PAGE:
Quantum non-demolition detection of an itinerant microwave photon

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Photon detectors are an elementary tool to measure electromagnetic waves at the quantum limit1,2 and are heavily demanded in the emerging quantum technologies such as communication3, sensing4 and computing5. Of particular interest is a quantum non-demolition (QND)-type detector, which projects an electromagnetic wave onto the photon-number basis6,7,8,9,10. This is in stark contrast to conventional photon detectors2 that absorb a photon to trigger a ‘click’. The long-sought QND detection of a flying photon was recently demonstrated in the optical domain using a single atom in a cavity11,12. However, the counterpart for microwaves has been elusive despite the recent progress in microwave quantum optics using superconducting circuits13,14,15,16,17,18,19. Here, we implement a deterministic entangling gate between a superconducting qubit and an itinerant microwave photon reflected by a cavity containing the qubit. Using the entanglement and the high-fidelity qubit readout, we demonstrate a QND detection of a single photon with the quantum efficiency of 0.84 and the photon survival probability of 0.87. Our scheme can serve as a building block for quantum networks connecting distant qubit modules as well as a microwave-photon-counting device for multiple-photon signals.


Microwave quantum optics in superconducting circuits enables us to investigate unprecedented regimes of quantum optics. The strong nonlinearity brought by Josephson junctions together with the strong coupling of the qubits with resonators/waveguides reveals rich physics not seen in the optical domain before. It has also been applied in demonstrations of the generation and characterization of non-classical states in cavity modes13,14,15 and propagating modes16,17 as well as the remote entanglement of localized superconducting qubits18,19. However, single-photon detection in the microwave domain is still a challenging task because of the photon energy being four to five orders of magnitude smaller than in optics. The sensitivities of conventional incoherent detectors such as avalanche photodiodes, bolometers and superconducting nanowires are not sufficient for single microwave photons2. Therefore, resonant absorption of a microwave photon with a superconducting qubit was exploited for single-photon detection20,21. Note also that QND measurements of cavity-confined microwave photons have been realized by using a Rydberg atom or a superconducting qubit as a probe22,23.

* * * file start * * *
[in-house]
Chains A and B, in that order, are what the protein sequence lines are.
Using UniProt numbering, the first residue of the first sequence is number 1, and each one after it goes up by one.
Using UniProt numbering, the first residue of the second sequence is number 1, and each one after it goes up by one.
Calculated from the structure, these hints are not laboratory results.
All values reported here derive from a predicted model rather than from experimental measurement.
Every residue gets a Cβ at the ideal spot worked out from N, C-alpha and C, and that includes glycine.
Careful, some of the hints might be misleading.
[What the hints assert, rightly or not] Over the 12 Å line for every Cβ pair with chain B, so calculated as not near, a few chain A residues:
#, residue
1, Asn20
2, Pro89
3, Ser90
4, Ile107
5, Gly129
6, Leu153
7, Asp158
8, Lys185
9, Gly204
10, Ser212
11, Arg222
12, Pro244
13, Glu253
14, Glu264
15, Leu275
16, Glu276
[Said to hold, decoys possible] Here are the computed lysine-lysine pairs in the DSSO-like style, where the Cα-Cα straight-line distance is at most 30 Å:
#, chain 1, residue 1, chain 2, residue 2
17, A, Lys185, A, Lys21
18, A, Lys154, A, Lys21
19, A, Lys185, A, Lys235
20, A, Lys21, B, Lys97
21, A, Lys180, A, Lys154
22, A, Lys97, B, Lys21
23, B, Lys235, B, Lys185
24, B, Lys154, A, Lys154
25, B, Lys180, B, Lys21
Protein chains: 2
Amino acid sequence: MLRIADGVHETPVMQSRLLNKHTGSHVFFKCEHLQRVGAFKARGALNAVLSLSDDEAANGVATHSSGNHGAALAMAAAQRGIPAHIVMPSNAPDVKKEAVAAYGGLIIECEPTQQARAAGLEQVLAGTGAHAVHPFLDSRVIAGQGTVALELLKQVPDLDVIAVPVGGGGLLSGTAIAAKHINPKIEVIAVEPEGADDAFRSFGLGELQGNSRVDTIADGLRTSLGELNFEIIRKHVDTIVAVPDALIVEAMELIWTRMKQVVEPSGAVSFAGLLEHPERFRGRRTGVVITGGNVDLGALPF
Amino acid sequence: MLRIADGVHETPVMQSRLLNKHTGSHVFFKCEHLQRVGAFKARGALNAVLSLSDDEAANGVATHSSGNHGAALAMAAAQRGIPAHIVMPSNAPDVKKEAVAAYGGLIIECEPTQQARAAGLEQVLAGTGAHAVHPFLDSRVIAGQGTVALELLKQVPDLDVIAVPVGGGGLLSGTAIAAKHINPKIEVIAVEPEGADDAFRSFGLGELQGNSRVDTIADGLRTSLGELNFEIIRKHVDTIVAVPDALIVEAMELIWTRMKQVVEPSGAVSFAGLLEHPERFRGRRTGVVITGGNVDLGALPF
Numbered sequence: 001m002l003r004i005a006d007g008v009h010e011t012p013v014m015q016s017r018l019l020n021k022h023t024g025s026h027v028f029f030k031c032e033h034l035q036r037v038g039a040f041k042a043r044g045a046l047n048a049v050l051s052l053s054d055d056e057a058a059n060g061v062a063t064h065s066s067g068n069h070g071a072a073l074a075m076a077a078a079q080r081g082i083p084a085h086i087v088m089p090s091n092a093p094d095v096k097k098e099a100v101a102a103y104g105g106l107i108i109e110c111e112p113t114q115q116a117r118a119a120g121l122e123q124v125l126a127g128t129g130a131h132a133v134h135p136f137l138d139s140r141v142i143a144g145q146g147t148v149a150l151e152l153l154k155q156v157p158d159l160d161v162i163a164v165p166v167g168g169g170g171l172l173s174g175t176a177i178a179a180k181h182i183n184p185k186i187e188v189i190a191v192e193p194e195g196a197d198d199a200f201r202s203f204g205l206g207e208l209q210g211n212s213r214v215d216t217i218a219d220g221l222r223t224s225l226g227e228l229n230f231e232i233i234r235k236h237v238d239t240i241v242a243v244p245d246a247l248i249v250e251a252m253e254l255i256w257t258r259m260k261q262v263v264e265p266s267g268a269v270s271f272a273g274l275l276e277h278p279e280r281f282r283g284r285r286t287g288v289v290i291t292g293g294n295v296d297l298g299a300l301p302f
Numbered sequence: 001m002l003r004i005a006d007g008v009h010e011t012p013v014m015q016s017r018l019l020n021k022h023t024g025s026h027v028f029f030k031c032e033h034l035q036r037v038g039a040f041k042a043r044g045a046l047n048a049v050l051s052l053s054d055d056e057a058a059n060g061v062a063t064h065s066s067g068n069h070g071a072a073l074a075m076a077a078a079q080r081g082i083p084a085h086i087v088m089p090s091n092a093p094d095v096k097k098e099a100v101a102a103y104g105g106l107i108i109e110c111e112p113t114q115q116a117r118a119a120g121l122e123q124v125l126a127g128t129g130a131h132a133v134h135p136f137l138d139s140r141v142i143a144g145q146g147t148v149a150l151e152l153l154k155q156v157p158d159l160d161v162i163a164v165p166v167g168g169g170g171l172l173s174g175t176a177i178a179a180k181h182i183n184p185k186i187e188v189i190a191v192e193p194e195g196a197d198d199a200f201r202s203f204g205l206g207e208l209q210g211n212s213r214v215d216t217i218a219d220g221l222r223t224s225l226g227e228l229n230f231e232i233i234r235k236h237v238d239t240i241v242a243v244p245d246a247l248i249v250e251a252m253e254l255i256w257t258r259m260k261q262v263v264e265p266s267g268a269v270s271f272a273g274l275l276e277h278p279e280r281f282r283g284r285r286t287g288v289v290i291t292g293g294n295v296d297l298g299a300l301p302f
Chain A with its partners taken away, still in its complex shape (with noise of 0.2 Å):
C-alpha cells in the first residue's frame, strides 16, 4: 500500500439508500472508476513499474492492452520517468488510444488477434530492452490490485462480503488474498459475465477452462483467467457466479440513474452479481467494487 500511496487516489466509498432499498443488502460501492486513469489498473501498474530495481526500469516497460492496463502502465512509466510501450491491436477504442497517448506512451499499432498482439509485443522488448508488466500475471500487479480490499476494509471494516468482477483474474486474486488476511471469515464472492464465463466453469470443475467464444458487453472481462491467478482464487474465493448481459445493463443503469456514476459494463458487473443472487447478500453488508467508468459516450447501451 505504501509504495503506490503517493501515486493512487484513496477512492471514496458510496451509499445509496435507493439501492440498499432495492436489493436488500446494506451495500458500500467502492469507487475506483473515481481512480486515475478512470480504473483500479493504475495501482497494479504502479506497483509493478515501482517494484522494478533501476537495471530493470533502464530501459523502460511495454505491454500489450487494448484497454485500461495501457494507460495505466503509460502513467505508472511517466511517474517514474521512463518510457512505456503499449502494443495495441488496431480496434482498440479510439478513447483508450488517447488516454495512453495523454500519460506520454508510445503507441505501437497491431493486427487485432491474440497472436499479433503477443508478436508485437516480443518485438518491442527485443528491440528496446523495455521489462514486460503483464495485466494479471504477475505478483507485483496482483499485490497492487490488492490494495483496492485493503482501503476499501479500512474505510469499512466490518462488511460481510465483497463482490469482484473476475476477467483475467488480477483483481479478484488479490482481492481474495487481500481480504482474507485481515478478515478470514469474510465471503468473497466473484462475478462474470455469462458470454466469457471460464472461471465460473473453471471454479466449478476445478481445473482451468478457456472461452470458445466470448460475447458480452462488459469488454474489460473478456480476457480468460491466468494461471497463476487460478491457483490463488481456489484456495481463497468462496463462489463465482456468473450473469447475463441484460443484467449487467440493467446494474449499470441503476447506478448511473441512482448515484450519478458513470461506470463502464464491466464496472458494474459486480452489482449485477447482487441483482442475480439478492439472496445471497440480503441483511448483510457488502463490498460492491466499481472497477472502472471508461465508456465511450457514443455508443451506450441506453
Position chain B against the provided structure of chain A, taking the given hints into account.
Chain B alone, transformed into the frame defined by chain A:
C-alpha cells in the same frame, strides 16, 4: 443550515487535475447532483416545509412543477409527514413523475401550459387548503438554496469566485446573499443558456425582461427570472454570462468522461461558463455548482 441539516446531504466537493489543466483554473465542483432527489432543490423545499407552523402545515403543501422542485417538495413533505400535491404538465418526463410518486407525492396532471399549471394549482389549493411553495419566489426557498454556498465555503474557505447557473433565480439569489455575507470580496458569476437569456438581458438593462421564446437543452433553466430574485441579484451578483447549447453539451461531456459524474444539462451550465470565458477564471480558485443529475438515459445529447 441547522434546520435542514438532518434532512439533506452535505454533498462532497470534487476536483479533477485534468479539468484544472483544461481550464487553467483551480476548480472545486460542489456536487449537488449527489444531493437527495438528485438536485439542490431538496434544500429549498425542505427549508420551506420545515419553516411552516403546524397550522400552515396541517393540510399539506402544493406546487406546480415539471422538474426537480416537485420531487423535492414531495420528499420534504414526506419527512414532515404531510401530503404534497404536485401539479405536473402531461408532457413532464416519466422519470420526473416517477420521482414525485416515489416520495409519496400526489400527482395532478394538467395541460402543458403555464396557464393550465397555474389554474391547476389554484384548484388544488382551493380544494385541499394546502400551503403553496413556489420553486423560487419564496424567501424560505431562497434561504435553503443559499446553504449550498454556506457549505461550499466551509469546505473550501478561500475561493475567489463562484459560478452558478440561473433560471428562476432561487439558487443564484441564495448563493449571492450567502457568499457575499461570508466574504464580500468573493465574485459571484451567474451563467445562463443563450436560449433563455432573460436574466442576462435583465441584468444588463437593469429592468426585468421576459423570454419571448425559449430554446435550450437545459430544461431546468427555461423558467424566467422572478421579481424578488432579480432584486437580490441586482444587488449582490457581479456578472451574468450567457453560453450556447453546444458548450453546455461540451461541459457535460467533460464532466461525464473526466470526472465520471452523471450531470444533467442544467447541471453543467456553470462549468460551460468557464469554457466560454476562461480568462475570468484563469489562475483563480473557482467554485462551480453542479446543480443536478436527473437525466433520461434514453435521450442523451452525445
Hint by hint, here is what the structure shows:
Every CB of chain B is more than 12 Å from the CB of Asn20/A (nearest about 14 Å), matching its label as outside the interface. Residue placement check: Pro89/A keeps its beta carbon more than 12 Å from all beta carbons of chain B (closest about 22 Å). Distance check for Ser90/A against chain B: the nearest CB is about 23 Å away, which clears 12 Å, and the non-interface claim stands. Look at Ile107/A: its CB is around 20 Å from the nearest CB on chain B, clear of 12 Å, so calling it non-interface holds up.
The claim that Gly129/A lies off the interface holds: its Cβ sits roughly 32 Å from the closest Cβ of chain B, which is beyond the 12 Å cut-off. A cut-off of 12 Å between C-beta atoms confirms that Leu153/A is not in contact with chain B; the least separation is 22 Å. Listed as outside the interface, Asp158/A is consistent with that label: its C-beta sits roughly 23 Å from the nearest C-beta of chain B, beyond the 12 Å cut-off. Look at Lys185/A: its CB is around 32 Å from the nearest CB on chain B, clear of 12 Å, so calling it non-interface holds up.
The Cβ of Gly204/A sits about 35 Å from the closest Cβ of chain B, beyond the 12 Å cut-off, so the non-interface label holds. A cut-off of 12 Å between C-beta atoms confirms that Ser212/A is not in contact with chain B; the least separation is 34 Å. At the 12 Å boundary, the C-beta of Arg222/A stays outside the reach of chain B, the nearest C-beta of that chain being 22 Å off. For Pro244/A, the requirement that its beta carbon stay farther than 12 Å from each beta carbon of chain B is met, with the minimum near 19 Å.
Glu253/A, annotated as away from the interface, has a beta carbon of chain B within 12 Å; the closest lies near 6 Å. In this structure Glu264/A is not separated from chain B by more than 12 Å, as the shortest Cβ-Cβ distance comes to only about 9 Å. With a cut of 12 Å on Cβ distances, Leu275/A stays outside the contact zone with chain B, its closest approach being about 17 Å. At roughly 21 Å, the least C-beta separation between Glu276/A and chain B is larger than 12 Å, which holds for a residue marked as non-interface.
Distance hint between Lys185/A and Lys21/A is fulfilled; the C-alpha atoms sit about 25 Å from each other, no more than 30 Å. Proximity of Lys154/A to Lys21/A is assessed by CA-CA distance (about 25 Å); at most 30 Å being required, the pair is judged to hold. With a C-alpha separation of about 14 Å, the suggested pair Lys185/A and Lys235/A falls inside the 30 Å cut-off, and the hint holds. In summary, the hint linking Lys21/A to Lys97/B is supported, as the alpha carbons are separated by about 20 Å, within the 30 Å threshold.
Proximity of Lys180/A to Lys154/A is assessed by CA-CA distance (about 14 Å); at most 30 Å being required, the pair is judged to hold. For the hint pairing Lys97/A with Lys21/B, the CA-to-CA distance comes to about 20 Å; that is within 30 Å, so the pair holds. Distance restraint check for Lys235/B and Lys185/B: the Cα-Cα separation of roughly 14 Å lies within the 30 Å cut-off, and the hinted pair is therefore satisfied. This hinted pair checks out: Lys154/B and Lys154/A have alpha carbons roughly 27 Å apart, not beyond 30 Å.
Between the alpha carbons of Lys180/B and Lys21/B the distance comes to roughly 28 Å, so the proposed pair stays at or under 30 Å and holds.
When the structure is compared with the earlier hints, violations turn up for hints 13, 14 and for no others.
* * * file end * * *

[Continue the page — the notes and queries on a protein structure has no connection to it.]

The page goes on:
For a QND detection of an itinerant microwave photon, we use a circuit quantum electrodynamics architecture with a transmon qubit in a far-detuned 3D cavity24. An input pulse mode through a one-dimensional (1D) transmission line to the cavity is entangled with the qubit upon the reflection and is projected to a number state by the subsequent qubit readout without destroying the photon (Fig. 1).

Fig. 1: Circuit quantum electrodynamics set-up for the QND detection of an itinerant microwave photon.
Fig. 1

a, Schematic of the experimental set-up. A transmon qubit is mounted in a 3D superconducting cavity that is over-coupled to a 1D transmission line composed of a coaxial cable. An input pulse mode is injected to the cavity through the cable, and the reflected pulse mode is guided via circulators to a JPA and a heterodyne detector. Qubit control and readout pulses (not shown) follow the same path. b, Reflectance (squared amplitude) and phase shift of the cavity reflection coefficient as a function of the probe frequency, with the qubit being in the ground state (blue) or the excited state (red). The black dots in the lowest panel represent the difference in the phase shift. The dots are the experimental results and the lines are the theoretical fits. c, Phase flip (no flip) of the reflected single photon caused by the qubit in the excited state (ground state). d, Phase flip (no flip) of the qubit caused by the reflection of the single photon (zero photon). Here, g and e label the ground and exited states of the qubit, and ± is their superposition 1 2 g ± e . 0 and 1 indicate the photon-number states in the pulse mode.